The Summer of 1970
Brian W. Porter
"I am ready, willing, and able, and my phone number is – ." I was surprised when that was written in my yearbook by a willowy female who wore a green top, a dungaree jacket, and jeans. Those were clothes that said she did what she wanted when she wanted and no one told her otherwise. She had a nice Irish face with faint freckles of all things, and hair, thick hair that cascaded from her head like a strawberry blond cape, with tiny waves that flowed past her shoulders, her small breasts, and her back. To this day I love hair like that. That hair was what first got me when I saw her walking through the halls at school and wondered who she was. I never said anything though, for someone that beautiful would not notice me. I called her the night of the autograph, and thus began a relationship that lasted the summer, a summer of walking more than two an a half miles to her house, met by her halfway there; a summer of holding hands and kissing; a summer of magic. We would walk under the trees in the local woods, lay in the leaves and grass and make love, talk about everything and nothing. I would sit on the grass of a nearby park and listen to her play her guitar and sing. God, I loved her singing. Perfectly on pitch, strong but not overbearing, a voice trained for opera that would only sing folk songs. Her voice kept me mesmerized that summer. I would not sing harmony for I would only destroy the magic that she made. Occasionally she'd visit the small apartment I lived in with my mother. We'd sit in my room and talk, or listen to records. She even tuned the upright piano in the small living room, exactly flat as she said so as not to break any strings we found out later, without using a tuning fork. I remember when she took a trip with her folks in the time before cell phones, the letters she wrote that I couldn't answer because I did not have an address where she would be the next day, her description of the Georgia bugs that splattered the windshield, and how she wanted to get
back home to her freedom. I remember how she was so happy when her folks went out and we could make love in her bed "the proper way" as she would say. Once, as we gabbed on the phone, she told me she was sick with a fever and sat on the roof outside her window after dark just watching the neighborhood and enjoying the high. And I remember how we were connected. One night we were going to meet in the park by her house at midnight, but as I began walking toward there I heard her voice tell me she could not come. The next morning she called to apologize for not showing and said she tried to send me a thought message. I've known since then that, although religion is not the answer, there's more to the world than science. She taught me several things that summer, how to care for long hair, how to live, and how to love. Then she dropped out of school and my life, ran away to join an old boyfriend who had moved to Canada to escape the draft. She told me what she was doing before she left, and would not listen to my reasons she should stay. How would our lives have been different if she had stayed? Would she have married me? Would our marriage have lasted longer than her's, five years? There is no way to know. I only know that I never forgot her, or her shape, or her youth, or her hair. That wonderful hair. I looked for her several times on Facebook as I do several old friends, just to say hello, but she never appeared. A few weeks before Christmas, I was waiting with my wife in line to pay for gifts when this person walked by, a woman, with a face that looked vaguely familiar. Behind her walked a younger man dressed in a style I had seen on television a couple New Years before, who had said on TV that his mother taught him to play and sing. I wondered and watched as she walked past. Could it be? It felt right, like it was her. But she was in Canada, a citizen last I heard. If she was shopping here, then with the United States immigration laws the way they are, she was probably here illegally, even though she was only a few miles from where she was born. Then I saw her hair, no longer strawberry blond, but still a cape flowing past her shoulders. I knew that hair. There was little doubt. They looked at a few clothes, then started past again. I called her name, and was pleasantly surprised to find it was her – and my turn at the cash register. We no more than exchanged hello and a quick introduction to "my son", who looked older than I remembered from the TV, than I had to turn away. Even that short exchange felt good, as if this was the way the world was supposed to be. As I turned to pay for my purchases, I watched as she once again breezed out of my life. Yet I feel as if that connection still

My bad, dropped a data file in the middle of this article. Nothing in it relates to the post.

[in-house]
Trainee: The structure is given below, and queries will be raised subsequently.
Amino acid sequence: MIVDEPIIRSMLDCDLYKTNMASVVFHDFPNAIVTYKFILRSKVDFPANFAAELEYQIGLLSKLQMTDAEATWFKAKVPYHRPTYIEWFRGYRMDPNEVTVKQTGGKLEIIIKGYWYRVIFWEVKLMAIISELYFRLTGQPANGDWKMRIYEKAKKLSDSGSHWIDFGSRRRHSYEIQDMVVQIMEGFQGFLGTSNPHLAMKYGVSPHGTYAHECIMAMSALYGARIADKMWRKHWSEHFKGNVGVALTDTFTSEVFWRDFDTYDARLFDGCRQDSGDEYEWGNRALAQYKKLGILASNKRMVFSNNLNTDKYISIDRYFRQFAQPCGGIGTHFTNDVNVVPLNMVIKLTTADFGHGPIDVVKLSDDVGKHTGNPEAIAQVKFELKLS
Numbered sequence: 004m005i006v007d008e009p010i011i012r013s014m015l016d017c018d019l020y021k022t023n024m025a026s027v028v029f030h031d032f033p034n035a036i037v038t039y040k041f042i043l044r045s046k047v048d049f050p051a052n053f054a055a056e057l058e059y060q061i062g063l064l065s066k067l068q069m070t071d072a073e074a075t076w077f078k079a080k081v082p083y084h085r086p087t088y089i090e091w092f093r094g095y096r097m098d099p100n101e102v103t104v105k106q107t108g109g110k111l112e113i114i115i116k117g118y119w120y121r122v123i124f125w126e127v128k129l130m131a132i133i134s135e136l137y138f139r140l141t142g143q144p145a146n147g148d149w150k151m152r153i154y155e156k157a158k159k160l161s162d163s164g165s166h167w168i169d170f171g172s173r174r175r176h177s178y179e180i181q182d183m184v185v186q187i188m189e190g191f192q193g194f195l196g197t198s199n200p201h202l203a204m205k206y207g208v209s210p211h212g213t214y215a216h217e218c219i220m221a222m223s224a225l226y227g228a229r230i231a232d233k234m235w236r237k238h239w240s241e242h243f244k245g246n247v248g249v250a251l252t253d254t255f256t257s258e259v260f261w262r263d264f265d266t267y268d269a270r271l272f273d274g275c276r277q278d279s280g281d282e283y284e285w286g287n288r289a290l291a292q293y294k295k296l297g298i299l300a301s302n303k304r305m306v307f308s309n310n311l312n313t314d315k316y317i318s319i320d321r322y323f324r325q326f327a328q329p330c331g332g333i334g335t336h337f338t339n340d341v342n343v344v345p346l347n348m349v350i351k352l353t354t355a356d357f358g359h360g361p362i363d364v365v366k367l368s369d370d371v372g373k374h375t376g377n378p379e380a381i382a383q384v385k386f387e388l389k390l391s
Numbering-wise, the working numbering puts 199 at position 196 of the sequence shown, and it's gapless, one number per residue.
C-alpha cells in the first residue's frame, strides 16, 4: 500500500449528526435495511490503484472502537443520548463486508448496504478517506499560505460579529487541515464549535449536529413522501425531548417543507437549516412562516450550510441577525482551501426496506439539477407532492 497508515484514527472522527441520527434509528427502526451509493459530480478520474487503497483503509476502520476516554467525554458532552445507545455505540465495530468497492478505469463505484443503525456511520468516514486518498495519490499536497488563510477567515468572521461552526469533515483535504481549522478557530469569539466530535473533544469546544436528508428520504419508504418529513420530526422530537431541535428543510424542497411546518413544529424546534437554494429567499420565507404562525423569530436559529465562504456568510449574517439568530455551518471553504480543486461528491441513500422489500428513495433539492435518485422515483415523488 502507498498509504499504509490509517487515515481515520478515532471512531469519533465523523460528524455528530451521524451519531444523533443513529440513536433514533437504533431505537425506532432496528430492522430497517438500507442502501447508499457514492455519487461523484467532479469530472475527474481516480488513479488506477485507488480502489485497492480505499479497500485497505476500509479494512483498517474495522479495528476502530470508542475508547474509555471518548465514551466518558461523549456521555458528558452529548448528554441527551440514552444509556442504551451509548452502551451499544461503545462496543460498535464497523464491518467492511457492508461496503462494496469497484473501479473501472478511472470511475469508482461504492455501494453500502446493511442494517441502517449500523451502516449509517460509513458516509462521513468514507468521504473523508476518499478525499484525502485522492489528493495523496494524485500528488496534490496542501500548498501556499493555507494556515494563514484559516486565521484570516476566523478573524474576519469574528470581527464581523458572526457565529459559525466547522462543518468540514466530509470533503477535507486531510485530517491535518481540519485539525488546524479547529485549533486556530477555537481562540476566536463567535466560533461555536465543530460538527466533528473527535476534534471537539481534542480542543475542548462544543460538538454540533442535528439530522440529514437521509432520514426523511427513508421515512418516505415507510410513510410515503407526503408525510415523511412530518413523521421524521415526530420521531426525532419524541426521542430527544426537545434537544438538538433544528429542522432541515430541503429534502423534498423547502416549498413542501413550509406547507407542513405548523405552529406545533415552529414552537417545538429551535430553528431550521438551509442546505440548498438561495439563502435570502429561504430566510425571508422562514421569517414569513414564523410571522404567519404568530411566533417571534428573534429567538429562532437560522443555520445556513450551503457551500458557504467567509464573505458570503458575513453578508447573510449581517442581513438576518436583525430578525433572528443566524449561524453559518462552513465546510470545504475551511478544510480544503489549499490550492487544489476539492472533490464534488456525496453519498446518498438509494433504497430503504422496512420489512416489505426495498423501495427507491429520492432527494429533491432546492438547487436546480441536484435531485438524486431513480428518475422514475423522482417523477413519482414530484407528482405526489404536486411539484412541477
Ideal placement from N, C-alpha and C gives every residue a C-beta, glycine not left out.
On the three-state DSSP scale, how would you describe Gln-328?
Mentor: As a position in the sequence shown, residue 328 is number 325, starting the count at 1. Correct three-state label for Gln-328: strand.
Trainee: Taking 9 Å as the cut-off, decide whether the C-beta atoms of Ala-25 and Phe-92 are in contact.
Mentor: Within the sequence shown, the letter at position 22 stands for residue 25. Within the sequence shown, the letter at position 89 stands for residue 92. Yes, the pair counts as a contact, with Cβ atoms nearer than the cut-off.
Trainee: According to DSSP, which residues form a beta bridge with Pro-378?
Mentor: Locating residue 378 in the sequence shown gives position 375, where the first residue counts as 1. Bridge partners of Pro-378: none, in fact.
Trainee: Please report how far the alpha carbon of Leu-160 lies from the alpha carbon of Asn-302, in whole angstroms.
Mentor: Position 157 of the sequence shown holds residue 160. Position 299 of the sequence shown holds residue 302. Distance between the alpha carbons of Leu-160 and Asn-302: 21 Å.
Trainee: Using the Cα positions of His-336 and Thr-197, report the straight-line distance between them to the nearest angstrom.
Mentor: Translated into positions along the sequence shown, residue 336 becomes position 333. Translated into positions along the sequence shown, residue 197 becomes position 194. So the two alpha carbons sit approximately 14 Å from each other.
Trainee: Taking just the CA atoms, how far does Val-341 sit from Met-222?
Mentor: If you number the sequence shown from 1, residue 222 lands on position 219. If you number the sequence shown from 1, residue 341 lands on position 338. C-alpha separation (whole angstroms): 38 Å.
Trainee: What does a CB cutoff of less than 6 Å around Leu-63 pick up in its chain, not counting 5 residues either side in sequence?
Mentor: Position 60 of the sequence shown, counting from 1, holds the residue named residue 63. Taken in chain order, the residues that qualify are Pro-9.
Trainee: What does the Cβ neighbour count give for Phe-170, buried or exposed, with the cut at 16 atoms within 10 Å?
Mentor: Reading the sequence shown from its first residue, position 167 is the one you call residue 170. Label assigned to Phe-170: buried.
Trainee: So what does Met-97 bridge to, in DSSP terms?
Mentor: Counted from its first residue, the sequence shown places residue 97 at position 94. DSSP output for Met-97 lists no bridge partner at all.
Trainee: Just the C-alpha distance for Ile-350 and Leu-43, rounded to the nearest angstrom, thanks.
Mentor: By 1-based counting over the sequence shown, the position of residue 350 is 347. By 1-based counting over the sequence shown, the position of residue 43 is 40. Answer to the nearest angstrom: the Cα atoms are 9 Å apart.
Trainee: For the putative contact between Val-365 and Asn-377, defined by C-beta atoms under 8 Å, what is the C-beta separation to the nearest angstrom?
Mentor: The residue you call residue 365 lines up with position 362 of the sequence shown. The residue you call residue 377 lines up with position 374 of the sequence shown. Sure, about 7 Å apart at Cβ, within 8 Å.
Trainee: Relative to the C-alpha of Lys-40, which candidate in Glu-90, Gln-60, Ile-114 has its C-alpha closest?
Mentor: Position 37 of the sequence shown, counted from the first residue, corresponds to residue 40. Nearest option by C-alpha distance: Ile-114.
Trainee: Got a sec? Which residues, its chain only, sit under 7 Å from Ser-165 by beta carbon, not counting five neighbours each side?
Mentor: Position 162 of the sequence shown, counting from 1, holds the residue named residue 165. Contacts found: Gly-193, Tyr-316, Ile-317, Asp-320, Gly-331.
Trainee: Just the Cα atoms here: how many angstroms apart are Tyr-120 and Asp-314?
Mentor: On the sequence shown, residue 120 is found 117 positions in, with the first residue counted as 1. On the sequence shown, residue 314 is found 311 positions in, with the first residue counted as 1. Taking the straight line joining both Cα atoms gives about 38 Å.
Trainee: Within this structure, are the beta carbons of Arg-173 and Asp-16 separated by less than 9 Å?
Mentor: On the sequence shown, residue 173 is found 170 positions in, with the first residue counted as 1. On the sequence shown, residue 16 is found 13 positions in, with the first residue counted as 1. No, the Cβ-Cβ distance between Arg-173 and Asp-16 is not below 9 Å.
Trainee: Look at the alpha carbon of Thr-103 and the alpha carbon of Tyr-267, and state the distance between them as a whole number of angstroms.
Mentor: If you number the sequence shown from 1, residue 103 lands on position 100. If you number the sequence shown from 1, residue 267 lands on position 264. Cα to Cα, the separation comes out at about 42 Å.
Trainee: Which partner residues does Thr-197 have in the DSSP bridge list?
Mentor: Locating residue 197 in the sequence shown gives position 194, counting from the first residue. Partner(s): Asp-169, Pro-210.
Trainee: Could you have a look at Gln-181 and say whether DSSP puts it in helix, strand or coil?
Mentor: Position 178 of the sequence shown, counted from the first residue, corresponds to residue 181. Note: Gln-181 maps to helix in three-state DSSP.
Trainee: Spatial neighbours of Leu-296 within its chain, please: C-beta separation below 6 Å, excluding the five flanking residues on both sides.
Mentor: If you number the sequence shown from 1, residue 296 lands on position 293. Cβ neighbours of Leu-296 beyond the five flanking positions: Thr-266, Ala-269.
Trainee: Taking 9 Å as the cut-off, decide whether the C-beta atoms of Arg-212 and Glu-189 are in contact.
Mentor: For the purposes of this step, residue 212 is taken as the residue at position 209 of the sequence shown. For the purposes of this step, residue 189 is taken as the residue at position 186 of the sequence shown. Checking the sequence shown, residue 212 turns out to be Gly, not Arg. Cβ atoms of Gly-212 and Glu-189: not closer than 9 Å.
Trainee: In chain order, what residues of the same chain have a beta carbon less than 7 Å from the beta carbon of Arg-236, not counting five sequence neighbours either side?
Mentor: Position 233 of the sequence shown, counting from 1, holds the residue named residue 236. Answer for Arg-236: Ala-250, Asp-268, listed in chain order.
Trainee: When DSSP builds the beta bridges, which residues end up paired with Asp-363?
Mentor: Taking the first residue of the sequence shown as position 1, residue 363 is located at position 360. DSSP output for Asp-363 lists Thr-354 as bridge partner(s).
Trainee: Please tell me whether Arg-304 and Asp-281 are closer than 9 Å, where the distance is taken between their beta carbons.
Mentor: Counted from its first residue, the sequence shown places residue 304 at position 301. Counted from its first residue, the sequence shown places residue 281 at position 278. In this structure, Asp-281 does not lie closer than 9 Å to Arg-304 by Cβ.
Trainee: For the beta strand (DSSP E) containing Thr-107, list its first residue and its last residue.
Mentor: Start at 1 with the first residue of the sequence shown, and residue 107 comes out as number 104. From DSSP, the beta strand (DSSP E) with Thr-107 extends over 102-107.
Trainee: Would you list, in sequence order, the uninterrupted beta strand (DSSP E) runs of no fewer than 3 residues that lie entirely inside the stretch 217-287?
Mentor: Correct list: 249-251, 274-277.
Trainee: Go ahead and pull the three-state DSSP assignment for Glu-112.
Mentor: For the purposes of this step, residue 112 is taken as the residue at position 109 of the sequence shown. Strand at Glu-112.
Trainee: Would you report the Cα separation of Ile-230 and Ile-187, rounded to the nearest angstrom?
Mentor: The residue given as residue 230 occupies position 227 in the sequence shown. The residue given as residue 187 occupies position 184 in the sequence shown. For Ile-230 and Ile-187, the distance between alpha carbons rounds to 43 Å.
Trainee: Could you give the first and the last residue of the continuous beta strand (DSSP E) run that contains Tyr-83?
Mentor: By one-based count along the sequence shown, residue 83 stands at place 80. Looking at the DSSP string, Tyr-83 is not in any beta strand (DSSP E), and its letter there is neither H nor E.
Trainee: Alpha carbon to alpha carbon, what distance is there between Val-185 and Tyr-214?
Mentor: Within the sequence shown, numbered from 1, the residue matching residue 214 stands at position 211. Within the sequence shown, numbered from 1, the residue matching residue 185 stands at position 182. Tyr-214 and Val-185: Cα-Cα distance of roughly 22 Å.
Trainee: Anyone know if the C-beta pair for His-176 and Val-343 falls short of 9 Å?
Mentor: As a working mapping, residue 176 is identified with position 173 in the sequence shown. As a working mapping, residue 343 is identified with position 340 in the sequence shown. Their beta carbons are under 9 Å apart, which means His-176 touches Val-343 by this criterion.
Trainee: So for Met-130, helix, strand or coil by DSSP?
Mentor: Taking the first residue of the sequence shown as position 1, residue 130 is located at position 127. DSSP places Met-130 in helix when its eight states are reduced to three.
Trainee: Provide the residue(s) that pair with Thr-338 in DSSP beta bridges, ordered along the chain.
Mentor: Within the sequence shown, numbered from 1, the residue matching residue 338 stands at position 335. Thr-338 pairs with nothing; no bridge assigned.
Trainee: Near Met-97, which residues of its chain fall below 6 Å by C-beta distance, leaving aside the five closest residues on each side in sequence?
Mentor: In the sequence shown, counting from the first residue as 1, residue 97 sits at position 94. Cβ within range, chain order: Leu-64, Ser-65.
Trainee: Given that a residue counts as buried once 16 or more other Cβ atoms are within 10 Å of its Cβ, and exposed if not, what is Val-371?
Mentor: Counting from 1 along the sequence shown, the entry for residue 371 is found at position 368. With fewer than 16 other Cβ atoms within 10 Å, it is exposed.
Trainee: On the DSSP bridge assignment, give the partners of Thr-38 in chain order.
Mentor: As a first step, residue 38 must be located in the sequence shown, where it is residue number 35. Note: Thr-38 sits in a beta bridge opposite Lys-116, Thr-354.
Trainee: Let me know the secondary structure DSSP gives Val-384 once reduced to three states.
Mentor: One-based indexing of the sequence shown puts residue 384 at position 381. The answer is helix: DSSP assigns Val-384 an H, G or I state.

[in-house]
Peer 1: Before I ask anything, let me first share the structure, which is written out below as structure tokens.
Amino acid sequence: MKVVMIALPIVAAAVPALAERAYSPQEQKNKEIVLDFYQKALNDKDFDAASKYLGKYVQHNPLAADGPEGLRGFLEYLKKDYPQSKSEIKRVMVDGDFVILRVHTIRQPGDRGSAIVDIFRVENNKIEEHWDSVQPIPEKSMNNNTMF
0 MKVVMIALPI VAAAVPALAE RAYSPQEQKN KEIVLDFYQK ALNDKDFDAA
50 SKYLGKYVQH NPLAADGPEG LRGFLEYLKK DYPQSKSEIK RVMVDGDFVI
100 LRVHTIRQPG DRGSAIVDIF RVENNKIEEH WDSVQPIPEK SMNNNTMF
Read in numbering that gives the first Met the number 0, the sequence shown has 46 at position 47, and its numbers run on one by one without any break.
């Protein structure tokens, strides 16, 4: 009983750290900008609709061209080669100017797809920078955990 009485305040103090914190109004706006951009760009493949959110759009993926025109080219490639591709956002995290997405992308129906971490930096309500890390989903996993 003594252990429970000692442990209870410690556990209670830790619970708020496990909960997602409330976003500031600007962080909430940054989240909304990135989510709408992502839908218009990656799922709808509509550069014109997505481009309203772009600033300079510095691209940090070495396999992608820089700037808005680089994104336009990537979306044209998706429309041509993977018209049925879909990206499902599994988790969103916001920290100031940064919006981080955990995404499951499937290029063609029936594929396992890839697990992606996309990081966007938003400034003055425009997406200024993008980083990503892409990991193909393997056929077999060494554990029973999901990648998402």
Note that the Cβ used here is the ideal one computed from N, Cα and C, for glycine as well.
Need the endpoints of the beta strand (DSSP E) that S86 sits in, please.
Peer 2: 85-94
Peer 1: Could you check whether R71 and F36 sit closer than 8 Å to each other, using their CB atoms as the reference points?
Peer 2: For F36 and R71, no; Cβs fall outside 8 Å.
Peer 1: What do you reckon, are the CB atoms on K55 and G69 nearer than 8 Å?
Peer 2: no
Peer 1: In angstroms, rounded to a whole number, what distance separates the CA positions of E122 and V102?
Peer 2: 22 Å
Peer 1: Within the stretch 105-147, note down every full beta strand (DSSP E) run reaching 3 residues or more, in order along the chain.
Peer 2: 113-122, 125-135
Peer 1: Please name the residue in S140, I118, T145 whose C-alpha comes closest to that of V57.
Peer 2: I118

remains, as if somewhere in my mind is a thread that connects her to me. A few weeks later, near mid January, on the eighteenth, I kept thinking about this girl, now a woman with a son. Every time I thought of her my eyes teared up. Why? Did she die? Did she go back to Canada? Is the connection that has lasted forty some years finally broken? Did I feel that loss? I cannot know, for I have no way to contact her. I can only hope that we will connect again sometime in the future, and hopefully face to face.
*** Other short stories, essays, and poetry from this author are available at http://www.scribd.com/Brian%20W%20Porter. *** Novels for Kindle at http://www.amazon.com/-/e/B008WL291M *** Copyright 2013 Attribution Non-commercial No-derivs You may share this work with anyone in any way with the following provisions. You must share the complete work, including the title and this notice. You may not make any changes. You may not use this work commercially or accept payment without the written permission of the Author. Any and all rights and credit are held by Brian W. Porter.